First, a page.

Mosul—Iraq's third-largest city, urbane center of the nation's northern regions, built on the remains of the once-great Assyrian empire, made free through the sacrifices of thousands of Iraqis, Kurds, and Americans—fell to a gang of Islamist insurgents Monday.

Fighters for the Islamic State of Iraq and Syria, bastard progeny of Al Qaeda in Iraq, advanced on the city over the weekend, as they had done successfully in Fallujah earlier this year. As the ISIS jihadis approached, soldiers of Iraq's U.S.-trained army abandoned their posts and weapons and fled, leaving the southern part of the city and nearly 2 million local inhabitants free for the taking.


Mosul is perhaps the most important site yet contested by the multinational brigade of jihadis, for whom it is a financial and logistical hub for fighting both Syrian dictator Bashar al-Assad and the Iraqi coalition government in Baghdad, led by Prime Minister Nuri al-Maliki. For years through the Iraq war, the oil-rich city alternated between bloody battles and relative peace, thanks in part to painstaking efforts by the American forces whose presence had destabilized it in the first place.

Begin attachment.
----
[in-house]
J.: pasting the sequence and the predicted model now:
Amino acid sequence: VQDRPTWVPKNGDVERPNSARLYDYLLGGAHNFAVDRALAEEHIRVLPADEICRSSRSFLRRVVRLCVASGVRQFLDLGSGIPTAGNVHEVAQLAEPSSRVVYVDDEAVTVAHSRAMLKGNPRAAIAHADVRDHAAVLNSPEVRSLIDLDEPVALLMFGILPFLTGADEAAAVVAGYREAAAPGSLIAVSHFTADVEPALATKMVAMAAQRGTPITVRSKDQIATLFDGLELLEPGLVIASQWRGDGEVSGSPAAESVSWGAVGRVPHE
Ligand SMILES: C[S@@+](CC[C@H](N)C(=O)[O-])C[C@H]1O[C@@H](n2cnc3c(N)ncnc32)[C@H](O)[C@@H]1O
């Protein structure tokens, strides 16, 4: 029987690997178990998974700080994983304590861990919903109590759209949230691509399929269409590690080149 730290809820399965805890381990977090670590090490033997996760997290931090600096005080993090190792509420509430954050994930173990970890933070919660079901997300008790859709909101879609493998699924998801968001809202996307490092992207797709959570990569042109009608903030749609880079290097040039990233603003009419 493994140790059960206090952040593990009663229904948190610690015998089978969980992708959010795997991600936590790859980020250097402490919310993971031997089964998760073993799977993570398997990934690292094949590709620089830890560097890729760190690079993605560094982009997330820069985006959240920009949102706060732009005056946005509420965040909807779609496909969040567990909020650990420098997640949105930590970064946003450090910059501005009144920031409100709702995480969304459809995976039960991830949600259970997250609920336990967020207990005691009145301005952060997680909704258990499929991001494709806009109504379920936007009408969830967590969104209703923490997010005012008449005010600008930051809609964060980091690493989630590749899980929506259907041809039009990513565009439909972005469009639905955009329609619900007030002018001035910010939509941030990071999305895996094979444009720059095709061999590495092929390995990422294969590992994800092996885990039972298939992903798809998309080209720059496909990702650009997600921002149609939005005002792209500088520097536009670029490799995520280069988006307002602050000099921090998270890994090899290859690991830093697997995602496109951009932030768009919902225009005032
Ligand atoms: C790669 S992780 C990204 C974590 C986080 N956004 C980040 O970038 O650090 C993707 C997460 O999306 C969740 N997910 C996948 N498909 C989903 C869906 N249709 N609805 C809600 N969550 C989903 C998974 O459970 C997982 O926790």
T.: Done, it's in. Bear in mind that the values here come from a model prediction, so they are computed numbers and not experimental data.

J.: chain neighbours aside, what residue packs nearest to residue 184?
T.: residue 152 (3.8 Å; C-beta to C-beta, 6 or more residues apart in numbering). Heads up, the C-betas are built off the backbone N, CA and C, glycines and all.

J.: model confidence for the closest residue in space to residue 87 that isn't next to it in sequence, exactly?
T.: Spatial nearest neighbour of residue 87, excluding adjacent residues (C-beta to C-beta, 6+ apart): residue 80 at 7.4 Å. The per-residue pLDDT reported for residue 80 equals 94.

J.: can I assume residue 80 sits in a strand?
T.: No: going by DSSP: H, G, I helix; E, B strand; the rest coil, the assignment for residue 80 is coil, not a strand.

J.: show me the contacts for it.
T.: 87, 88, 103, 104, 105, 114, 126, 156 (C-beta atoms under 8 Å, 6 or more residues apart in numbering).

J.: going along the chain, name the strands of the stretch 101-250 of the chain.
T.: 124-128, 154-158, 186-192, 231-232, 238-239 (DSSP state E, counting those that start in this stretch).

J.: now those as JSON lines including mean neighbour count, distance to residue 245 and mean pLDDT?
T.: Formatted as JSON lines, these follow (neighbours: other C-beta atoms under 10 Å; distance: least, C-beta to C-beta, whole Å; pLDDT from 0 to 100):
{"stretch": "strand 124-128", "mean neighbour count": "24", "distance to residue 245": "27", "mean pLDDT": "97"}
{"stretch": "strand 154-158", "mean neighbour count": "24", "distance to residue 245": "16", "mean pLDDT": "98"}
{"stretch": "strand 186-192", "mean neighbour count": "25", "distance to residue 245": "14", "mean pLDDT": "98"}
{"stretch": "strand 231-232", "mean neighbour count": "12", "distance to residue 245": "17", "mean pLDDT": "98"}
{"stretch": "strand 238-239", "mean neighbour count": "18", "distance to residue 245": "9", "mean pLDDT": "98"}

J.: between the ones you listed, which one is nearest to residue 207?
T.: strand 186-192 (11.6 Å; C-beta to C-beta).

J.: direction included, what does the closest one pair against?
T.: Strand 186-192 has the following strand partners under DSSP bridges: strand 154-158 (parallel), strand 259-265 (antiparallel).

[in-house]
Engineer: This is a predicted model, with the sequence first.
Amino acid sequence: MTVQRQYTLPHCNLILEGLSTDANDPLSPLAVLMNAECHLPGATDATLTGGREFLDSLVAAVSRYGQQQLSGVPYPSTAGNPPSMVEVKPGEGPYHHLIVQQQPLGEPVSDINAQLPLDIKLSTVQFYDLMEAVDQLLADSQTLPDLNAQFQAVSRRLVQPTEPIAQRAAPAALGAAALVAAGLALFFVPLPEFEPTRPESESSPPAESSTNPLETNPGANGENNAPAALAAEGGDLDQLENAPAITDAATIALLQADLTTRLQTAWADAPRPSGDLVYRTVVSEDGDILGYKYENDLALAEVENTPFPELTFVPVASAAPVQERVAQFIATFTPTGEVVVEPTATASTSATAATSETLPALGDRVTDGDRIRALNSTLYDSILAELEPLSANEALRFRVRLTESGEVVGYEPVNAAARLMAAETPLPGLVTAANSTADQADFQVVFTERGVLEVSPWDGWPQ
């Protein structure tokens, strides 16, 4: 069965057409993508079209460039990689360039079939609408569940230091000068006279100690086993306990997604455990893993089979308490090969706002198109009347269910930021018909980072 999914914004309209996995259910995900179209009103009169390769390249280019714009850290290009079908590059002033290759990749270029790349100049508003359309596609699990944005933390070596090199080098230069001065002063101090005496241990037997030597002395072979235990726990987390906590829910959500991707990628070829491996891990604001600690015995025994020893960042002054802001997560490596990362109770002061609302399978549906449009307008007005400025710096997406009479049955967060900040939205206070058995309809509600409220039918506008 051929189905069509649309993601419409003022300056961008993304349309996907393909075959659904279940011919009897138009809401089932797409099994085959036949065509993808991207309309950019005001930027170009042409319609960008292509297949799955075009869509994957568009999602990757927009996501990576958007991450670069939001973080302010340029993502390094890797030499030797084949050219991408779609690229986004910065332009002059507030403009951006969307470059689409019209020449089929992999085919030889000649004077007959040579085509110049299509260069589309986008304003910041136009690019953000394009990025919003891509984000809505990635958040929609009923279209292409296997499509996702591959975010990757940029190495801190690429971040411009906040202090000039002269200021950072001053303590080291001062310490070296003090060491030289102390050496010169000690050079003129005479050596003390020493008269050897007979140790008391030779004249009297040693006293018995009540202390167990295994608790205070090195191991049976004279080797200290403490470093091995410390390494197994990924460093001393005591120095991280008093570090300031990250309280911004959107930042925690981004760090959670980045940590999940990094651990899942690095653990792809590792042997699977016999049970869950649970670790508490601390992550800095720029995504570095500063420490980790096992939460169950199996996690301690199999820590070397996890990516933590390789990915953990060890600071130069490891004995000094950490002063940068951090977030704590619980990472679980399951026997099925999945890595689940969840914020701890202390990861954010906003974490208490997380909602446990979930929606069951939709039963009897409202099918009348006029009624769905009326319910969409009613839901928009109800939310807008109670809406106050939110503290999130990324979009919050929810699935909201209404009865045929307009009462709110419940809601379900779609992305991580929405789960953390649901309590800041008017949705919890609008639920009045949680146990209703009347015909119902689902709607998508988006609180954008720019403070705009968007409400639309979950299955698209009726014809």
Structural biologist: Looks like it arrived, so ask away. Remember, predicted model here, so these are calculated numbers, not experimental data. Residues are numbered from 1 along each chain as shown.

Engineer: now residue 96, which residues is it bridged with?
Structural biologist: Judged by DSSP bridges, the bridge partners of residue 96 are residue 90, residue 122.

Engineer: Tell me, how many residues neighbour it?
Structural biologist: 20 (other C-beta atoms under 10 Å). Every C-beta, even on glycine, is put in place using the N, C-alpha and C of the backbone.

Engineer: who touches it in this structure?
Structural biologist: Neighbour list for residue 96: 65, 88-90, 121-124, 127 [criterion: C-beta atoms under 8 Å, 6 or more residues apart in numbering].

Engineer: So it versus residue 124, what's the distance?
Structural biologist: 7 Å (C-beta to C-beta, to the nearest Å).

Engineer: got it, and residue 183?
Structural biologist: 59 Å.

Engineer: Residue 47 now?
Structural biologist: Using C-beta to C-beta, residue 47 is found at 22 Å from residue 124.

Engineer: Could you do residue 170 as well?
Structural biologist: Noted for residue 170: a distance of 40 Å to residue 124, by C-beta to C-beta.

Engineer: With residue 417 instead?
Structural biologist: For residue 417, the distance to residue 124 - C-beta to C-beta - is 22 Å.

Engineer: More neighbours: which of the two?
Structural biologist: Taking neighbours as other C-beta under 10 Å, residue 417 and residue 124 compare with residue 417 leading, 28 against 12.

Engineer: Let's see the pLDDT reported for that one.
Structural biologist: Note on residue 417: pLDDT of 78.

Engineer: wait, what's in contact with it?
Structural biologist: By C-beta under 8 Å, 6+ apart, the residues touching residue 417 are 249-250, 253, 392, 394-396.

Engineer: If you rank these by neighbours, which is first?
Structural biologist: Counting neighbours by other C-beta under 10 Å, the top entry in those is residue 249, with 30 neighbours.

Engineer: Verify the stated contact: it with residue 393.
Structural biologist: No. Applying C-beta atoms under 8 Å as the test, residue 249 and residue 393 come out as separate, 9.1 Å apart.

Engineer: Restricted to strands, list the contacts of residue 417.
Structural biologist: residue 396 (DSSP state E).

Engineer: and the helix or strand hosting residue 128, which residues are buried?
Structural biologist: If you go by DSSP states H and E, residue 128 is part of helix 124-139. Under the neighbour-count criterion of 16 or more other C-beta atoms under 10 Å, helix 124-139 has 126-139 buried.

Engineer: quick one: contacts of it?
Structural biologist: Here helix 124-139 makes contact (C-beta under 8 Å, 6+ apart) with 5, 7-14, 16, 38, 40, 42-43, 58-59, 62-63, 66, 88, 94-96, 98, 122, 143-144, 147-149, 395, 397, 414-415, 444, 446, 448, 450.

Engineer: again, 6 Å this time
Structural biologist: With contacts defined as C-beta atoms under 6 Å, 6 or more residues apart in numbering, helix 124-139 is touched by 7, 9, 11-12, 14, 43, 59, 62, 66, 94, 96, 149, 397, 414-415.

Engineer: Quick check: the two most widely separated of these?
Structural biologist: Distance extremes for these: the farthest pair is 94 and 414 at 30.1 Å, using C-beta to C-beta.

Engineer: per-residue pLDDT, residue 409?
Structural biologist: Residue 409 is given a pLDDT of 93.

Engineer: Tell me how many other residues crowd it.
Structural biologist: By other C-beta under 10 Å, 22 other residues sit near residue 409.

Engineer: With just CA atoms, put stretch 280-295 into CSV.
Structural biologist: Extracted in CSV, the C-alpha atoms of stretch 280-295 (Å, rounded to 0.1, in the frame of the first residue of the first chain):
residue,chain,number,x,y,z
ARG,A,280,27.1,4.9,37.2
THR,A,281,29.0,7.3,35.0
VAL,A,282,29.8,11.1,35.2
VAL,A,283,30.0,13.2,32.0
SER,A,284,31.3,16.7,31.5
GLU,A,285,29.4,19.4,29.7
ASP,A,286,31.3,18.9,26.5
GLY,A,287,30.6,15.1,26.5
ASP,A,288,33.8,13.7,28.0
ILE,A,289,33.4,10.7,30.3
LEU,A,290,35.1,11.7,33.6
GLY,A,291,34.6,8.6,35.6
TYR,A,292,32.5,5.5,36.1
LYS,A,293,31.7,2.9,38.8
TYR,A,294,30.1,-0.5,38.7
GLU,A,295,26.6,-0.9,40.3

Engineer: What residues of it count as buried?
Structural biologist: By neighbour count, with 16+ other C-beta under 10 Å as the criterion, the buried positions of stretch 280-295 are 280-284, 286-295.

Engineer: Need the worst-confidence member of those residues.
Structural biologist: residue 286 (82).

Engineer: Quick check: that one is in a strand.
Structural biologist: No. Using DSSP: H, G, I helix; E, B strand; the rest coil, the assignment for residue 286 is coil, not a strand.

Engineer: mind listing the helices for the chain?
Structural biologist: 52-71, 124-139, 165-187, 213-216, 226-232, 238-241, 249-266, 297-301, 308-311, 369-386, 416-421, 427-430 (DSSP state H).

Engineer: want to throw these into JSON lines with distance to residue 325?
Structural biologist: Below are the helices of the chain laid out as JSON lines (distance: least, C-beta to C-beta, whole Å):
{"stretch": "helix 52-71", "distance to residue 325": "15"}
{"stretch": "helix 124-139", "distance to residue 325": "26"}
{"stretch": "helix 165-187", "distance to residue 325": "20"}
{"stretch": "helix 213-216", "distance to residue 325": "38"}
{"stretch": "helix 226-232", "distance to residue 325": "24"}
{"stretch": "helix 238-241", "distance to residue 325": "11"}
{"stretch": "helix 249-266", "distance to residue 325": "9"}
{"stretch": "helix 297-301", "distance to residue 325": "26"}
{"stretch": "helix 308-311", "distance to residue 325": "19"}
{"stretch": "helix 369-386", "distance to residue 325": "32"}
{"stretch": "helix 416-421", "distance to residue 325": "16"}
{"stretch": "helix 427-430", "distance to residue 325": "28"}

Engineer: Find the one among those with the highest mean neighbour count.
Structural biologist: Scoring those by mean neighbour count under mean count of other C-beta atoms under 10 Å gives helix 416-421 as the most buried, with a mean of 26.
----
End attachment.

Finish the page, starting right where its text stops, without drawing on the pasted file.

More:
Maliki has urged Iraq's Parliament to declare a state of emergency, and he's likely to ask the international community for help. Good luck with that:

The capture of Mosul demonstrates that the insurgents now have the capacity to seize strategically vital territory, positioning them to threaten other important areas of Iraq, said Charles Lister of the Doha Brookings Center based in Qatar.

It also raises questions about the continued utility of sending U.S. military support to Maliki, whose security forces seem simply to have crumbled. Maliki is urging the United States to deliver more advanced weaponry, but ISIS fighters have already been seen riding round in U.S.-supplied Humvees in other areas they control, and much of the weaponry captured in this latest battle is likely to be American, Lister said.

ISIS—which fused elements of Al Qaeda in Iraq with anti-Assad Syrian fighters, but has broken publicly with global Al Qaeda leader Ayman al-Zawahiri in recent months—gleefully tweeted out photos of its fighters frolicking on those American Humvees:

Meanwhile, the city's civilian population is making for the exits any way it can.